And, if the REAL analysis ended here, we would have an example of a well-meaning but misguided decision by the White House that they firmly believed was in our country’s best interests, turning out not to be so. And probably one in which the White House might be subject to charges that intelligence reports may have been deliberately manipulated to justify a desired military response. But then, this is not the first time we have heard that accusation, is it!? And one which, quite ironically, l’havdil, when we acknowledge reality, makes us no better than the Taliban and al-Qaeda in how we are willing to manipulate facts for our own ends!

But there is MUCH more at work here as well. Why did the Israelis feel the need to make this decision regarding these apartments at all, much less to announce it at this moment and risk embarrassing Biden and the Americans? Part of the blame here is internal, part is external. To start, we need to remind ourselves of just who is in charge in Israel these days and why.

Bibi Netanyahu, who spent more of his adult life as a Republican in Pennsylvania than he did living in Israel, was re-elected as Prime Minister after several years in political limbo, despite his first term having ended in the disgrace of a conviction for personal fiscal malfeasance. This happened after the “peace middle” of the Israeli political scene broke down in large part because of the failures in Gaza and against Hizbollah, pushing the Israeli electorate to the right, making them vote for their own short-term protection. Bibi, in turn, rather than forming the unity government of strength to continue Israel on the middle path that seemed to be indicated by the election results, instead chose to form a slim minority government, far too dependent on the whims of political partners like the ultra-Orthodox Shas, who, history has shown, despite their religious convictions, are far more motivated by personal gain than desire for the peace of Israel.

Two possibilities arise here, because the announcement about the apartments actually was NOT made by official government spokespeople, but by a leader of Shas. Either, as Bibi claims, this was not of his doing, and he was equally surprised and embarrassed by Shas. In which case his ruling majority is even less tenable than anyone realized, when his own partners are willing to embarrass him for their own gain! Or, this was all a deliberate move on the government’s part, to maintain distance from the top, because they KNEW they would be embarrassing Biden by the timing, in which case we need to try and figure out what legitimate sounding motive they might have had for such a dangerous move, likely to blow up in their faces, as indeed, it seems to have done.

And for that, we need to look at the Arab side of the equation! At the same moment that there was some slight progress back towards discussions with Fatah leaders from the West Bank, the situation with Hamas, in Gaza, appears to be getting worse. Not, this time, because of Hamas, themselves. But rather, because Israel’s efforts to weaken Hamas are working, and Hamas is now being threatened by even MORE radical elements, according to a report in the Israeli newspaper of record on military events, Ha’aretz, this week. And at exactly the moment that a viable Fatah should be in a position both to regain control AND move a peace process forward, they are failing to make an effort on the first, and being as ineffectual as ever on the second. In fact, according to a separate report in Ha’aretz, Hizbollah has sent 1000 “soldiers,” uninvited, into the West Bank, where they can ONLY be seen as a threat against Fatah.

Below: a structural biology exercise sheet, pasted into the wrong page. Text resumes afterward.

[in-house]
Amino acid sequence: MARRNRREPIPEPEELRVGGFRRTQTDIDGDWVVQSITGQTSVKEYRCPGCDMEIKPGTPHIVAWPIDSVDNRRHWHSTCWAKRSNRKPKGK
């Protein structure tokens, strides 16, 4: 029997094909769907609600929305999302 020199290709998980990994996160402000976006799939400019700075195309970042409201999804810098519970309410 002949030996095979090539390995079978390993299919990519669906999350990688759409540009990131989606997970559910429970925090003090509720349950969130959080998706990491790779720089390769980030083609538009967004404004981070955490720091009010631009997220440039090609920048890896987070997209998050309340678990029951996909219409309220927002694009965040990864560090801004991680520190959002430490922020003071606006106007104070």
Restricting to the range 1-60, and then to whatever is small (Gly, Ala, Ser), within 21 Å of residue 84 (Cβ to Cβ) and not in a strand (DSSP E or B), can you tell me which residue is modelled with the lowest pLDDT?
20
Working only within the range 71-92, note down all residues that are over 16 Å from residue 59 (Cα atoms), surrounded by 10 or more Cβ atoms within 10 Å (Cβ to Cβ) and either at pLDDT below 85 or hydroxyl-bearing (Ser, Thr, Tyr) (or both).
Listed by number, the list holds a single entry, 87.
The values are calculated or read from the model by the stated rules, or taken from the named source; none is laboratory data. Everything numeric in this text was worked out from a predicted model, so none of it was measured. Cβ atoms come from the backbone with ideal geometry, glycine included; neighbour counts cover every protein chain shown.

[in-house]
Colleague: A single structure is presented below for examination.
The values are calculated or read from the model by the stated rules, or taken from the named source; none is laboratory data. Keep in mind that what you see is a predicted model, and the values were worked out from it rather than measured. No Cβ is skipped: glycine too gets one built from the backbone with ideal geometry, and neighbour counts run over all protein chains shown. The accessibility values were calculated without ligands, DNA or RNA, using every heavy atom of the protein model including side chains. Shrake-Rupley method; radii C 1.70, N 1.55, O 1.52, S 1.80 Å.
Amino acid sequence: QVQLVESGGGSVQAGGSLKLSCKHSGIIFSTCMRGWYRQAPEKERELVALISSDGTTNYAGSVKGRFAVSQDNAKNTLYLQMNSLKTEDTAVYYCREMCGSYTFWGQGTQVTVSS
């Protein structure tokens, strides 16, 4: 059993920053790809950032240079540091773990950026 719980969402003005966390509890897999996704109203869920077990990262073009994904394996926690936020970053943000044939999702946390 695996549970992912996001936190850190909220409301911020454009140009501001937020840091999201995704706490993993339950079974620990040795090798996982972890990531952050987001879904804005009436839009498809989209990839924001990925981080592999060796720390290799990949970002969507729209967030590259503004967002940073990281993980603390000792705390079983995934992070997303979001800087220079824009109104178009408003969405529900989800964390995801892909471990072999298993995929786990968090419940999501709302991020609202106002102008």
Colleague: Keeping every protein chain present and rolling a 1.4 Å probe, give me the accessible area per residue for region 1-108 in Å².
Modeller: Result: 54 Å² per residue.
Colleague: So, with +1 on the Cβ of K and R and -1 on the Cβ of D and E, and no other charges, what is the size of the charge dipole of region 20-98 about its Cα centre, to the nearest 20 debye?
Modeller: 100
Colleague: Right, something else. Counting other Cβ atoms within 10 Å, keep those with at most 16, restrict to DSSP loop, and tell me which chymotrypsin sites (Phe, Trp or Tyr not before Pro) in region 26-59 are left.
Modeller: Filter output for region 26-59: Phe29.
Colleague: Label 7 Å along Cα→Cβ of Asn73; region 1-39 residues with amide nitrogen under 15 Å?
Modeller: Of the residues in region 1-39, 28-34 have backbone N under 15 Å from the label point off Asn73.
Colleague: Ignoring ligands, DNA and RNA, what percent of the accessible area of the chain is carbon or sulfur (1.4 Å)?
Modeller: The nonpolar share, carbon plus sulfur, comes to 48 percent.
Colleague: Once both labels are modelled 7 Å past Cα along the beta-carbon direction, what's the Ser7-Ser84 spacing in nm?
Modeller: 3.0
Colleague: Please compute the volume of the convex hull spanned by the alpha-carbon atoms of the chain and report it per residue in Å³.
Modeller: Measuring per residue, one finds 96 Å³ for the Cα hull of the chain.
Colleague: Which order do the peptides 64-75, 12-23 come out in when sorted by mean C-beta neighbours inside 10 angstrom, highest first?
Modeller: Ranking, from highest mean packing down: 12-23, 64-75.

So here is what we are left with. At BEST, the Arab terror groups, the Palestinians, the Israeli government, and the White House and Pentagon have all simultaneously misread the current reality, with results that might be comedic if they weren’t so deadly serious. As a result, the first serious effort of the Obama administration towards negotiating an Israeli-Palestinian peace was delivered late, and apparently DOA.

At WORST, the American military, the Israelis and the Fatah leadership are all now painfully aware that, unless something dramatic and positive happens, and happens very soon, the intolerable Hamas may soon be gone from the scene, and we will miss their moderation – something they have NEVER been accused of – as the situation spirals even further out of control. And Fatah themselves may find themselves fighting for their political, and physical, survival as well. And we will have no one to blame but each other – because none of the parties will look in the mirror and blame themselves!

For the first time in my adult life, the worst case scenario is actually the more plausible, in part because I have been given no reason to have ANY faith in either the Netanyahu or Obama governments’ ability to accurately read and address such a situation. I sure hope that I am wrong – that the events of the last two weeks are, in fact, a diplomatic smokescreen, all carefully choreographed by the parties working together, designed to allow progress to happen below the surface. But even a closet conspiracy theorist like me is having great trouble with that reading of the situation!

This is why I can no longer remain quiet. As the modern British philosopher, Bertrand Russell, made so clear – sometimes not to act is, in fact, to act. Action is needed, and needed fast. Not action rushed into too quickly as a reaction to growing concerns. But action carefully crafted and thought through, properly prepared for on and by all sides, designed to move forward, with as little risk, and as much likelihood of success as is humanly possible and predictable.

The fact that the last item from Israel this week was the response to a Hamas-sponsored “Day of Rage” to protest the status quo that led to armed riots, in which close to 100 Palestinian protestors were injured, reinforces the danger in waiting too long, and doesn’t make it any easier for me to be optimistic. But I pray that I am wrong, and ask you to join me in that prayer, even as we pledge to work together to make Leviticus more positively meaningful as a force in our own lives closer to home. KYR